Cédric Grolet can certainly make pastry. Trained by master pâtissier and creator of the indulgent L’Eclair de Génie, Christophe Adam, Grolet moved in 2011 to Parisian high luxury hotel Le Meurice to work alongside two Michelin stalwarts, head chef Alain Ducasse and executive chef Jocelyn Herland. After only two years, Ducasse had seen enough to name him executive pastry chef at the hotel, and his exploits since have only seen his stock rise further among his peers.
Grolet was recently crowned best pastry chef by the World’s 50 Best Restaurants Awards, and it’s not hard to see why. His unfathomably lifelike creations range from fruit, to personal twists on traditional French desserts, and the fruit creations in particular have garnered praise across the gastronomic world - achieved by a thin shell of airbrushed white chocolate, the desserts have to be seen to be believed. Luckily for us, they have helped him gain a formidable following on social media, where he showcases the very best of his wares.
Earlier this year, Grolet opened his first pastry shop, handily situated in Le Meurice. While undoubtedly this is a priceless opportunity to develop his craft within the juggernaut of the Dorchester Collection and under the watchful eye of Ducasse, the opening also reflects on how highly Le Meurice values his skills - the hotel is surely desperate to keep hold of one of its biggest assets. In between bouts of globe-hopping, receiving awards, and the small matter of his day job, we managed a few quiet minutes with the 32-year-old crown prince of pastry.
Q. The 50 Best Awards shows how fêted you are by your peers. How have you reached such a high level of quality in a relatively short period?
"I love watching and listening. Exchange is important of course, but when you have very great professionals in front of you, I think you just have to take what they offer you: their time. It is an honour to win an award which gives me a platform to shine a light on the incredible creativity of pastry chefs the world over. I have been inspired by many innovative chefs in my career and especially by the pâtisserie tradition of my home country of France. I always seek to create moments of togetherness, menus which produce lasting memories and introduce diners to our world. After all, that is what we, as chefs, seek to do every day."
Q. How is working at Le Meurice with Alain Ducasse and Jocelyn Herland?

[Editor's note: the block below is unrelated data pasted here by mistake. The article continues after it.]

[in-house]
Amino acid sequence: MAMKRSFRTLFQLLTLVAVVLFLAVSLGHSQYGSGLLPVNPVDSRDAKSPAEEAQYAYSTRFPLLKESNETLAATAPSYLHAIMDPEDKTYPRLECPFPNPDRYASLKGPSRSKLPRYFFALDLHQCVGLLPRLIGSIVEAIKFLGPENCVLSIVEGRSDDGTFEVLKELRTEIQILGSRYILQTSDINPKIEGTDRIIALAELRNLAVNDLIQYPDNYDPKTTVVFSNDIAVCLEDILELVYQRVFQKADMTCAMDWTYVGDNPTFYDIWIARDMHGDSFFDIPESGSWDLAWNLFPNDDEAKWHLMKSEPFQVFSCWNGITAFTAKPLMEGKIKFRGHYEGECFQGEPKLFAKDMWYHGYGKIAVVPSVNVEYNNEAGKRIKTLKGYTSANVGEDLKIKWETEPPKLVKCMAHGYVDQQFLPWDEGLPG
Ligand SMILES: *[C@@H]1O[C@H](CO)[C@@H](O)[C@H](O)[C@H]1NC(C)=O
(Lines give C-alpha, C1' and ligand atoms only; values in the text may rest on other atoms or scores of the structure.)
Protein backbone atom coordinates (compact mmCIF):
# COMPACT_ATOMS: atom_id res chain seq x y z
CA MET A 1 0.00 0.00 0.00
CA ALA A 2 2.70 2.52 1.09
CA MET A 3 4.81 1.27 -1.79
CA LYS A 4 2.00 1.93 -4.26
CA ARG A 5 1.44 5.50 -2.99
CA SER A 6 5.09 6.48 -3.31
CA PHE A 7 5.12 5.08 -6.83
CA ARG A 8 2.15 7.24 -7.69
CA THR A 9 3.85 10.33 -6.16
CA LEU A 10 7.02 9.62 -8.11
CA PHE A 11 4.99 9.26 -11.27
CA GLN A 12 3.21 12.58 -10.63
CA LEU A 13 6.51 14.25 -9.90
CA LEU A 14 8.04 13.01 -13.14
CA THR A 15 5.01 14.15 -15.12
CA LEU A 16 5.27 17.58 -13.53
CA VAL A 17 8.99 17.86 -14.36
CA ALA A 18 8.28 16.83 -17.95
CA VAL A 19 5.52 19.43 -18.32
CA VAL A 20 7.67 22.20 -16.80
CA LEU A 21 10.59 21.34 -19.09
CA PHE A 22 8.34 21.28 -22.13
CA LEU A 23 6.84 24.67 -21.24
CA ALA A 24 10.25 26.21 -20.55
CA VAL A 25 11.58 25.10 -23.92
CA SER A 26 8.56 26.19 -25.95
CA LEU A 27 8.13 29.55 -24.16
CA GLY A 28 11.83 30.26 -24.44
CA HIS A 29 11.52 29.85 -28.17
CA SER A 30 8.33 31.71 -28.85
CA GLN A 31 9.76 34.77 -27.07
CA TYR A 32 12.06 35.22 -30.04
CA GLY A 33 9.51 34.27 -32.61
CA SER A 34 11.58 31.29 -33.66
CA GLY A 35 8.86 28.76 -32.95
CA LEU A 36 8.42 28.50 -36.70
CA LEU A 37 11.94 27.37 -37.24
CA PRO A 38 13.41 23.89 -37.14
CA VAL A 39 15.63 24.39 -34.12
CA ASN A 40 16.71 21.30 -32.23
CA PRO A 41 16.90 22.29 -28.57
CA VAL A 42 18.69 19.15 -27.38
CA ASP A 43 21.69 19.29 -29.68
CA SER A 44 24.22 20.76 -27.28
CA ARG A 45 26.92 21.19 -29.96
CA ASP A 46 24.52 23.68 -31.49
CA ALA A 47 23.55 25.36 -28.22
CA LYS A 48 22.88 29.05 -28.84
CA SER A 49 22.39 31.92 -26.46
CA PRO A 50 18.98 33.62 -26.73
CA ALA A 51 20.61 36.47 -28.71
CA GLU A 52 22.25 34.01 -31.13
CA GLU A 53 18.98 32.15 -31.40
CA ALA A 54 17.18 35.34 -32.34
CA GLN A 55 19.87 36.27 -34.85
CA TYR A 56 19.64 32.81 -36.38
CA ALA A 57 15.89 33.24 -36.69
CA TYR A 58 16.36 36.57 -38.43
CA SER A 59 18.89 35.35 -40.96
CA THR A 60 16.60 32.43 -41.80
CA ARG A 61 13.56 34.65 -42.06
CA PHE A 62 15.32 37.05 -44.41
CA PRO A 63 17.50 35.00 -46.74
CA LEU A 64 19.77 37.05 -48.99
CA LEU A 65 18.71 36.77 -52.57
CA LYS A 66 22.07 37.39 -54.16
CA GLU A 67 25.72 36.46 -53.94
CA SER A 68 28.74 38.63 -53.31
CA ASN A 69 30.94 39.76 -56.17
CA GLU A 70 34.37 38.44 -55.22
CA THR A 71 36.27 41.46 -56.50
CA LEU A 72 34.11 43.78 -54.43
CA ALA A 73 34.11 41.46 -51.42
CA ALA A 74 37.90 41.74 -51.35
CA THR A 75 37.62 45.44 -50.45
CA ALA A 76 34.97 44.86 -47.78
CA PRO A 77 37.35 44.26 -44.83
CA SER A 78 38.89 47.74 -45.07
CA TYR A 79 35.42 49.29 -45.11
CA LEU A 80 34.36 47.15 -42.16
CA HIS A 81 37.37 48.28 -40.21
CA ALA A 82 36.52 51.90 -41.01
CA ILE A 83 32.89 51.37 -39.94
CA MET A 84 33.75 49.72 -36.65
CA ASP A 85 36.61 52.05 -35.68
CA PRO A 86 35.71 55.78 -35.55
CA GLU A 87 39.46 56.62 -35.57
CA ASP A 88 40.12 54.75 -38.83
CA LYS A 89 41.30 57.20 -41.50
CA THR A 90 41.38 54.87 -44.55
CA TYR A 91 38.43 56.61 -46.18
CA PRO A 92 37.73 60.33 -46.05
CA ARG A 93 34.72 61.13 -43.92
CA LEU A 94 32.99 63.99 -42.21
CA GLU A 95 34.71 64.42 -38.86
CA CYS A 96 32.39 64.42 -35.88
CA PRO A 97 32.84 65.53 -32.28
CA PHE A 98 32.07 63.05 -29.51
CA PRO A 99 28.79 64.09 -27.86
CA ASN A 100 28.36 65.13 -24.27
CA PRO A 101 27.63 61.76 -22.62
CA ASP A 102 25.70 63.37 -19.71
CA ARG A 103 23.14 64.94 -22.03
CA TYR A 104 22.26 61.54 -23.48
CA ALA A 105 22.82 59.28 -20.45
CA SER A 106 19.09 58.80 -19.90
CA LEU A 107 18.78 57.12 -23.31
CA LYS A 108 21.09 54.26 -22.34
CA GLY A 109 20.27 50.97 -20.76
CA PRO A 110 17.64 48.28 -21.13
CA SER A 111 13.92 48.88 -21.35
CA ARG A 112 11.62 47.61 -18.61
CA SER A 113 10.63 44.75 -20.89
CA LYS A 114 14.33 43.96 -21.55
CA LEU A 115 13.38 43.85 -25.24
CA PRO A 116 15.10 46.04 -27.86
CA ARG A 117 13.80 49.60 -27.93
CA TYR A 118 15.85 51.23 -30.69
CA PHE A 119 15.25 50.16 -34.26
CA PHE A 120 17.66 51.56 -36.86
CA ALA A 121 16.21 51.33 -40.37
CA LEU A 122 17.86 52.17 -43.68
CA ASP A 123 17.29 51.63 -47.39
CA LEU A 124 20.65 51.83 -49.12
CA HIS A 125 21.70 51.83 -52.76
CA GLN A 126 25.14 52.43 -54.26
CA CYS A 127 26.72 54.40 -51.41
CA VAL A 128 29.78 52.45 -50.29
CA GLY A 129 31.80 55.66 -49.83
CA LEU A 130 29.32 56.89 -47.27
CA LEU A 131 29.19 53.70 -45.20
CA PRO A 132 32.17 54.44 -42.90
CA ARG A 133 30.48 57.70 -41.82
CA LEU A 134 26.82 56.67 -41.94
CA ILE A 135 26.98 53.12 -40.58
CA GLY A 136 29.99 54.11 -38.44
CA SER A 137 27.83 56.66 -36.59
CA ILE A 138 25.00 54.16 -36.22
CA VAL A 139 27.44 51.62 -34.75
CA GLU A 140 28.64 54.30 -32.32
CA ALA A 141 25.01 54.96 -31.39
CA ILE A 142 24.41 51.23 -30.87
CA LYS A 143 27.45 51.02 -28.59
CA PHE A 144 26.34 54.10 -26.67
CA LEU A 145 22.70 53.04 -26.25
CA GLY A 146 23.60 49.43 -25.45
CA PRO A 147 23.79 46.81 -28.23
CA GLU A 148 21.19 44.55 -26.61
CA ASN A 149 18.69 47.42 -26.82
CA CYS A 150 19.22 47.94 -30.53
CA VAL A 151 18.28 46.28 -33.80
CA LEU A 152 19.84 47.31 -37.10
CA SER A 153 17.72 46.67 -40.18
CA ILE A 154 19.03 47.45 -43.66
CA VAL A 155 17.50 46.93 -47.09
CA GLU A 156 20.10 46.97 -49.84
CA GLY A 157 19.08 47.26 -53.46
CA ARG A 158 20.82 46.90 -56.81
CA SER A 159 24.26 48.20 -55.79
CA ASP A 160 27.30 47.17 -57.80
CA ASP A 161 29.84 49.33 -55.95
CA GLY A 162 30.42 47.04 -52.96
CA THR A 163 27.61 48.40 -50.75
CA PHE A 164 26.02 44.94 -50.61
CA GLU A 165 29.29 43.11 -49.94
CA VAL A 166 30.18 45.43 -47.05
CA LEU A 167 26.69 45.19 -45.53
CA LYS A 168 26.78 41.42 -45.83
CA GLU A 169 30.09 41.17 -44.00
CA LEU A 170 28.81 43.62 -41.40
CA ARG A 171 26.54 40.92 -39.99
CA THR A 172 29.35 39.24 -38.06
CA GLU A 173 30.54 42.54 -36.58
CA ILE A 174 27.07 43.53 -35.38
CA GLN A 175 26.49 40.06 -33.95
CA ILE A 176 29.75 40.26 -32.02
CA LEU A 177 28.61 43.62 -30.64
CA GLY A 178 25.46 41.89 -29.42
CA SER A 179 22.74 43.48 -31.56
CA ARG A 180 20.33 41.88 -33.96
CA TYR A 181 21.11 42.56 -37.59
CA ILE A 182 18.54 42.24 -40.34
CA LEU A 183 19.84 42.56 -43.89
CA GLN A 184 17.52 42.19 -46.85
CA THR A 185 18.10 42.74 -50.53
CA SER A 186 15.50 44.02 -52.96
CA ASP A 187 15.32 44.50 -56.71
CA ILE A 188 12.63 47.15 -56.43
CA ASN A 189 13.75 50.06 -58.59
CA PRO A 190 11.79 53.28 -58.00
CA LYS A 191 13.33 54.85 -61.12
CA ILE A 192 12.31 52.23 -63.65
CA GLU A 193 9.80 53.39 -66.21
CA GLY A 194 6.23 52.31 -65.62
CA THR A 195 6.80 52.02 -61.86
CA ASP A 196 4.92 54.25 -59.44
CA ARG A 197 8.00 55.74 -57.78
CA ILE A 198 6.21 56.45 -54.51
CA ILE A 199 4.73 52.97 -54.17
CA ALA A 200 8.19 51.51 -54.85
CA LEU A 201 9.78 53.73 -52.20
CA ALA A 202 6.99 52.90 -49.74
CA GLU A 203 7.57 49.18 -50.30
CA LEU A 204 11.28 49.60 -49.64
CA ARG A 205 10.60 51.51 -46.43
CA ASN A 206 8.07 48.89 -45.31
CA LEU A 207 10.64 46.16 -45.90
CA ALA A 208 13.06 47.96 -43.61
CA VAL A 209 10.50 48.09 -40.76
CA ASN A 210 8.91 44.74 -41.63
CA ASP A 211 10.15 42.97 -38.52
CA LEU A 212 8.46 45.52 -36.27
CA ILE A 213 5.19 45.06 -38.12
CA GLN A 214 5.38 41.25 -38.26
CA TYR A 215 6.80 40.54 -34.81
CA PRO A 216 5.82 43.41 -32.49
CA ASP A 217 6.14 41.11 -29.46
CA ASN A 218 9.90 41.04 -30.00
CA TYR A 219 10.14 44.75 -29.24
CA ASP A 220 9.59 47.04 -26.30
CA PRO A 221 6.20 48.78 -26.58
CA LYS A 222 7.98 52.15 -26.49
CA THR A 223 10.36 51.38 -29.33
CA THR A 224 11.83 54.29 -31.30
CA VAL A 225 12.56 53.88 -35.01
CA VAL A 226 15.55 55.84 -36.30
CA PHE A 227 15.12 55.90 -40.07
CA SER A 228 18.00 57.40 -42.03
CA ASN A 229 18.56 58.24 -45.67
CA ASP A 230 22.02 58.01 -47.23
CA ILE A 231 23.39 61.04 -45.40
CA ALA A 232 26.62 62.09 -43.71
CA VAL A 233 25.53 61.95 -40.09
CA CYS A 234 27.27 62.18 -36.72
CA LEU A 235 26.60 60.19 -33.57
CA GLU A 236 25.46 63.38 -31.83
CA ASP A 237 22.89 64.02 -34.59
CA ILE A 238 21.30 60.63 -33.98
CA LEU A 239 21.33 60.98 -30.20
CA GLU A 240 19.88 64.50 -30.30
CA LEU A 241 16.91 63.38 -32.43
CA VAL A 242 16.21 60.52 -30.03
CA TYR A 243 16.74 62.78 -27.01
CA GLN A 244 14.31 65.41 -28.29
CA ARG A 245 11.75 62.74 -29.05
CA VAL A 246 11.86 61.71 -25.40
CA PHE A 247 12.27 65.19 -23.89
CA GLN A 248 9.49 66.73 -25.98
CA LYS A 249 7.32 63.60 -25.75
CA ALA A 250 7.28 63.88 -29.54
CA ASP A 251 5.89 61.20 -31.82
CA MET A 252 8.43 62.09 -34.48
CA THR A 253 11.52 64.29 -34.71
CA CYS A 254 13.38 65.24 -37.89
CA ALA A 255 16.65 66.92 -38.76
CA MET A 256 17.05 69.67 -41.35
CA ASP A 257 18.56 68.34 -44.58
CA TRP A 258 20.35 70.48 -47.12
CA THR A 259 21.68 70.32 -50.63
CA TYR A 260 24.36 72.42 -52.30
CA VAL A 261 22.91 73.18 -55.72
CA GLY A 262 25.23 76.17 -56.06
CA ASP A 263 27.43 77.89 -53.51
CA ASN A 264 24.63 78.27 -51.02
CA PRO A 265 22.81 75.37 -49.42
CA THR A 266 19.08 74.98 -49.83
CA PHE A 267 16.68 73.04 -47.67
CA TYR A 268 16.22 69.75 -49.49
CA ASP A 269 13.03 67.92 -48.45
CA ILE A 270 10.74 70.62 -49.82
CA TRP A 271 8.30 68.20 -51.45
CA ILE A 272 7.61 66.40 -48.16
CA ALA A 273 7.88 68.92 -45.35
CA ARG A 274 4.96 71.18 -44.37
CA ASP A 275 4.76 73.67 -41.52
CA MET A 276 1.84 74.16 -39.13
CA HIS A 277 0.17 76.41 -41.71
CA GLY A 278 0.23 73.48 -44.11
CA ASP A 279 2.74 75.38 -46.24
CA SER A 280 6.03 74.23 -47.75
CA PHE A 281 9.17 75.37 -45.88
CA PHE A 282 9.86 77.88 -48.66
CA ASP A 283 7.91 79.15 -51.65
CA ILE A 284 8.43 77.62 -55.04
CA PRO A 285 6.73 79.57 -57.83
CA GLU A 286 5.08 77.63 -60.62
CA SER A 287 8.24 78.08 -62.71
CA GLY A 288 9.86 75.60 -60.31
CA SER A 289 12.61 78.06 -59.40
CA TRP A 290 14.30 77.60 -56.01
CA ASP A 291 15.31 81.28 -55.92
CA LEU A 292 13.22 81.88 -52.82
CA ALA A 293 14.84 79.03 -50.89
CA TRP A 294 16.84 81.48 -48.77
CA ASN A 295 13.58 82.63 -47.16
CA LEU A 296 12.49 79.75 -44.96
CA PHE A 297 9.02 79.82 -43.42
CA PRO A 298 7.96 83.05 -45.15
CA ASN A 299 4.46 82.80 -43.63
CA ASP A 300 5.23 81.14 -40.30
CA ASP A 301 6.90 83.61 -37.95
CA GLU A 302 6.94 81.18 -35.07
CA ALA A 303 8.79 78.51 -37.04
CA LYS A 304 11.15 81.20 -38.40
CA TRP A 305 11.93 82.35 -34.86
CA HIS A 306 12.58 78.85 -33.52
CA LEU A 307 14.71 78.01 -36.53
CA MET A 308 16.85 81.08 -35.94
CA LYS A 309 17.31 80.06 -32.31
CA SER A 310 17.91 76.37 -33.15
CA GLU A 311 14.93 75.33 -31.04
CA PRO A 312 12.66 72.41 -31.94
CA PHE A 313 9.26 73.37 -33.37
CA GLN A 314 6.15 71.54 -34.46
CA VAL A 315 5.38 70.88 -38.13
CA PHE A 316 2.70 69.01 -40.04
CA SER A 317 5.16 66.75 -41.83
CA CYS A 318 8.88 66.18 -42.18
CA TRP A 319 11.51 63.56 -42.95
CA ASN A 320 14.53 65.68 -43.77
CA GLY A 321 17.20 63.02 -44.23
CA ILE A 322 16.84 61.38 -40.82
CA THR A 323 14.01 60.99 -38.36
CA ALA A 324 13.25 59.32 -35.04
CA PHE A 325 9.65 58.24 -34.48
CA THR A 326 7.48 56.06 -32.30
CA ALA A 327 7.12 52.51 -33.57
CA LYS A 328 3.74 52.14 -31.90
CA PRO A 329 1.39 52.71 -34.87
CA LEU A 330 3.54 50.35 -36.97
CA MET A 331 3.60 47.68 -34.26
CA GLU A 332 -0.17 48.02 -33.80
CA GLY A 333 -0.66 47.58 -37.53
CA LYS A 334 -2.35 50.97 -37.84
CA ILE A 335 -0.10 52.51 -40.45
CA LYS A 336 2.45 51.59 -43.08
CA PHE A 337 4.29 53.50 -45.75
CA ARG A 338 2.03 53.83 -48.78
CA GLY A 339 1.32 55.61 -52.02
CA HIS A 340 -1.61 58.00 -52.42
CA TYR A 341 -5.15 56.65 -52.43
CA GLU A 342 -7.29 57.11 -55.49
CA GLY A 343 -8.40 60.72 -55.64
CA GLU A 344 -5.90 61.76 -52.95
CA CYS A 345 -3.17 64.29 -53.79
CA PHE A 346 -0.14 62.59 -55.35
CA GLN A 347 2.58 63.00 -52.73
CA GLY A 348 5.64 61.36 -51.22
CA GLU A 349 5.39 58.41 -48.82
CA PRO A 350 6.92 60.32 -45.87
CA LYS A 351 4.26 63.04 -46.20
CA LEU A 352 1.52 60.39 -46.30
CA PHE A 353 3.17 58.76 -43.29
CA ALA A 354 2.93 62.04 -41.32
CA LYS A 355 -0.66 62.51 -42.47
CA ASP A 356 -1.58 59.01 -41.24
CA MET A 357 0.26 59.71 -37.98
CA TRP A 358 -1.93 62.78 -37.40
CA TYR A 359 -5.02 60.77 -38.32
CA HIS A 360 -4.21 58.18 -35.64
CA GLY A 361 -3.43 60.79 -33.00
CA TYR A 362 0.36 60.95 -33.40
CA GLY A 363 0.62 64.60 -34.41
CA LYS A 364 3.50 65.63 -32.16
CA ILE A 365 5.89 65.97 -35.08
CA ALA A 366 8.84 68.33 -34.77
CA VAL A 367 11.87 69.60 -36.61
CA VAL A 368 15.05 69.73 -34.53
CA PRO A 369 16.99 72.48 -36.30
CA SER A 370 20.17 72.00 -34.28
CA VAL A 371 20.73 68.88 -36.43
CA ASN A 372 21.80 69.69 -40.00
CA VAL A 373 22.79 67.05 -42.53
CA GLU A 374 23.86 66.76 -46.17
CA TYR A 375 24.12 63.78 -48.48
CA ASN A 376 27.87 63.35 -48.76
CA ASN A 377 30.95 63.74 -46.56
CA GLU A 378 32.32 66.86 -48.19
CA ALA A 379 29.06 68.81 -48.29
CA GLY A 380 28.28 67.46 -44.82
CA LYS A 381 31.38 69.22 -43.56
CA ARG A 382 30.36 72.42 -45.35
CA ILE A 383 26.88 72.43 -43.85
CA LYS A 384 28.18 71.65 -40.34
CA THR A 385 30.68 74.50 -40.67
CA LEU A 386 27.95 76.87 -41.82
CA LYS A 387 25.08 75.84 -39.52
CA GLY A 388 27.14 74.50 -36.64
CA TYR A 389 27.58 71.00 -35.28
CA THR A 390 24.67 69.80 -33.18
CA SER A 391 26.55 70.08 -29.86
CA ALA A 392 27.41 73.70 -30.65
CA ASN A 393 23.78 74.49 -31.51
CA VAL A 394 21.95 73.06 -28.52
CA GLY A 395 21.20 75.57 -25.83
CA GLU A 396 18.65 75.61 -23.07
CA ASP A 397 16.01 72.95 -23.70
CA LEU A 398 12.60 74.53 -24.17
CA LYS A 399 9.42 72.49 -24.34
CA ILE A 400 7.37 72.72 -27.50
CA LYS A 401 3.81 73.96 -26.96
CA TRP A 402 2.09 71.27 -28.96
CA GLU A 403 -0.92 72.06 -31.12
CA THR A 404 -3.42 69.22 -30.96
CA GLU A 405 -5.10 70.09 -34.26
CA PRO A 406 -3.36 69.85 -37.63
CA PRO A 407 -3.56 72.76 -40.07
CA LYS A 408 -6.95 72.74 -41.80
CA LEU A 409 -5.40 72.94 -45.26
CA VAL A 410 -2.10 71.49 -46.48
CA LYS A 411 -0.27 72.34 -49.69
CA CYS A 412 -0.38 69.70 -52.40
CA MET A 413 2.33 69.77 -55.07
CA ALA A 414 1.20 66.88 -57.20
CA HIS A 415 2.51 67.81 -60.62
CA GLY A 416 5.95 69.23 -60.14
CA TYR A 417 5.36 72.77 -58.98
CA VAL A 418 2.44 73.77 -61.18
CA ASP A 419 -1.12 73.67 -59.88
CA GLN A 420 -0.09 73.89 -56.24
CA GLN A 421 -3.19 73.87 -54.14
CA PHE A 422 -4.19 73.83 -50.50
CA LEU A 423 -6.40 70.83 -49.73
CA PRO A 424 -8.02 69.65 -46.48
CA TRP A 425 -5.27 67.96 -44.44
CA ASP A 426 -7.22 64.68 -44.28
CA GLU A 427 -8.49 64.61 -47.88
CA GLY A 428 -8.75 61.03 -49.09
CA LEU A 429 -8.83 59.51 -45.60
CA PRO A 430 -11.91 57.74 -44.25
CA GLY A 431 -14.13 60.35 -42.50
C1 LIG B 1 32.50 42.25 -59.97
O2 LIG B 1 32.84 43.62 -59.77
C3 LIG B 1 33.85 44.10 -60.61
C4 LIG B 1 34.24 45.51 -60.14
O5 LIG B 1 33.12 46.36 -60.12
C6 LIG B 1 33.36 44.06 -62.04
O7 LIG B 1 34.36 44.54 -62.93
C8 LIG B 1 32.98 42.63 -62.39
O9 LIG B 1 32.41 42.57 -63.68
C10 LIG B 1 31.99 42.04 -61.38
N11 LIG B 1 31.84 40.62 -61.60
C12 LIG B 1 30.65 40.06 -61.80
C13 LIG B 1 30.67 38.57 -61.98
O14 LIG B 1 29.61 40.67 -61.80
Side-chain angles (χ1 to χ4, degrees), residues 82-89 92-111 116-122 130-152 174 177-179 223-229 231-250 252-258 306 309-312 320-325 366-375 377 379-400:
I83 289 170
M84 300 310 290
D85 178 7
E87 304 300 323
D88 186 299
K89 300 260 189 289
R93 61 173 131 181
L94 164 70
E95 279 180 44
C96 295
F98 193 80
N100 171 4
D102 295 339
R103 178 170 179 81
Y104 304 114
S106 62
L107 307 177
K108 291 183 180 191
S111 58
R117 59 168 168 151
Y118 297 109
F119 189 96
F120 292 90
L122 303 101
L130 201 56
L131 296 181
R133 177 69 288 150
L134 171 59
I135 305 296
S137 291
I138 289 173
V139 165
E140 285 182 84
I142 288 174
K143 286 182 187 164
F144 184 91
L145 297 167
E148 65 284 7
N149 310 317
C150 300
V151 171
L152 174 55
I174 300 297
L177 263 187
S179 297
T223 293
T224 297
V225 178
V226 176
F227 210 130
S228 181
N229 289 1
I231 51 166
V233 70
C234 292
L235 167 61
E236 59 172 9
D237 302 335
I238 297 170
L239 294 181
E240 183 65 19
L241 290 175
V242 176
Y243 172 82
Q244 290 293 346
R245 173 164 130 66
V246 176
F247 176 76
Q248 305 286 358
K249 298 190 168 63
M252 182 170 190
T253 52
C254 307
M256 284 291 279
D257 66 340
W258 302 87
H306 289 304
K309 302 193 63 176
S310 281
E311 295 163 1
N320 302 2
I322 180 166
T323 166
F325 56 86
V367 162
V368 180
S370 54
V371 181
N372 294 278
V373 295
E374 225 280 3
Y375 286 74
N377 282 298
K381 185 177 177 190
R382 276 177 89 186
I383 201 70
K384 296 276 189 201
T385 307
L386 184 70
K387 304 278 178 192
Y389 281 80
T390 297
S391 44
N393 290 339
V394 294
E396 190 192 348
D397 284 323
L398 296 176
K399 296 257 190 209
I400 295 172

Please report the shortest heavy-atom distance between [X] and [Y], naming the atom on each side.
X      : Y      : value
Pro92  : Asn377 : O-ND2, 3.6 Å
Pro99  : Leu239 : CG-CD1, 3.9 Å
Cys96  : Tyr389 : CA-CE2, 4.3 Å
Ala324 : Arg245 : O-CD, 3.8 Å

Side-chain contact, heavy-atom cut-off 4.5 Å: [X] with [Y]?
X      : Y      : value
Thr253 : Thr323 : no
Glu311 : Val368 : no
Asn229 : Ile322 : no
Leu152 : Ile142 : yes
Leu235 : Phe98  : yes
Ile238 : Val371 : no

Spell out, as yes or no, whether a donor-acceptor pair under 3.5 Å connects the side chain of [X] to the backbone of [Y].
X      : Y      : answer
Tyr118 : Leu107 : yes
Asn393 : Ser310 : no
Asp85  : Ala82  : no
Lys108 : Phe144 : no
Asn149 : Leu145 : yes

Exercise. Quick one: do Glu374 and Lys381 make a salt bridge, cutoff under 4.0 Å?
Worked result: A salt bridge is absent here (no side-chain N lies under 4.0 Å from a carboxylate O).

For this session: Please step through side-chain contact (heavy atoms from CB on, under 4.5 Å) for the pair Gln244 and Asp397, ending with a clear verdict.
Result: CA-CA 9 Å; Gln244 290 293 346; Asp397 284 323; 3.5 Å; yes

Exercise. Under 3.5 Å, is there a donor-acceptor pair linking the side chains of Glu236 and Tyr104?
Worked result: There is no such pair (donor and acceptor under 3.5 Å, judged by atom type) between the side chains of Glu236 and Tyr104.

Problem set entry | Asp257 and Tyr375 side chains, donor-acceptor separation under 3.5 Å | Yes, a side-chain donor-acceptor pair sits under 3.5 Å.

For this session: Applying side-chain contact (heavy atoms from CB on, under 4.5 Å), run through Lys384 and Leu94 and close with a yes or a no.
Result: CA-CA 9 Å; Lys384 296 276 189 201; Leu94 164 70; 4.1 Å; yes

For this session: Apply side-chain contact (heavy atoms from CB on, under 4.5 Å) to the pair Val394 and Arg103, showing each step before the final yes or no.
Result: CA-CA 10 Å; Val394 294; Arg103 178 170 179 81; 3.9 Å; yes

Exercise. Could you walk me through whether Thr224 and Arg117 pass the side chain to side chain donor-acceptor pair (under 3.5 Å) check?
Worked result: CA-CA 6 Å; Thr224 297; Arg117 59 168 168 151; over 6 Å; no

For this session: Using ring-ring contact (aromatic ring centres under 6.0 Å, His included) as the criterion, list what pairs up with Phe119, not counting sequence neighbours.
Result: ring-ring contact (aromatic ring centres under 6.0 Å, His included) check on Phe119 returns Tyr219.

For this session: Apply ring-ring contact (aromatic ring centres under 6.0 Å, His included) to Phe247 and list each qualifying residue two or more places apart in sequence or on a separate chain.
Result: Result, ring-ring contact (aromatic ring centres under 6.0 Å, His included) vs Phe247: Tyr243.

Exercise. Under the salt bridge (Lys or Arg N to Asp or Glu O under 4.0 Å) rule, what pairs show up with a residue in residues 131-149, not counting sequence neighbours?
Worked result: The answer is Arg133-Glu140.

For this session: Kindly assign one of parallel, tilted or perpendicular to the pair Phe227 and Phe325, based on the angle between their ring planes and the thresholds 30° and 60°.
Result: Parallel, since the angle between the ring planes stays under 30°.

"The transmission of knowledge is very important to me. I’ve had the chance to learn from a number of very talented chefs; today evolving alongside Alain Ducasse is a great opportunity. His style, centred on essential tastes and original fragrances, allows me to revisit my classic techniques and deepen my skill-set. Both Alain and Jocelyn have taught me how to select raw materials, to ensure their quality, to work with them in the simplest possible way - revealing their optimum taste."
Q. Where do you get the ideas for your pastry creations?
"I am very lucky, my mother is a real cordon bleu. She has always made a lot of desserts at home and it is indisputably she who gave me the desire to cook and make pastry. Everything is inspiring. I draw a lot from my childhood memories and my education, but typically, I am inspired by everything around me; fashion, cars, colours, architecture, museums, travels. I’m particularly inspired by the cultures from all different countries in which I have traveled. I love Asia; I have had the chance to travel there several times. I particularly appreciate the delicacy of the products used and their originality. There is no bad idea."
Q. What makes a great pâtissier?
"A great pâtissier... what a question! I do not think there are any specific criteria. In addition to mastering the classics, the key is to be greedy, curious and passionate. My only pleasure is to evoke an emotion. The profession of a pastry chef is very demanding, but it is also very rewarding. To secretly observe an unknown person and to read joy and happiness from the first bite is magical. I like more than anything that my pastries evoke a pleasant memory."
Q. What's next for you?
"My goal is to grow my team, to push our knowledge further and develop our good relations. I would also like to develop my shop internationally."
Writer: David RS Taylor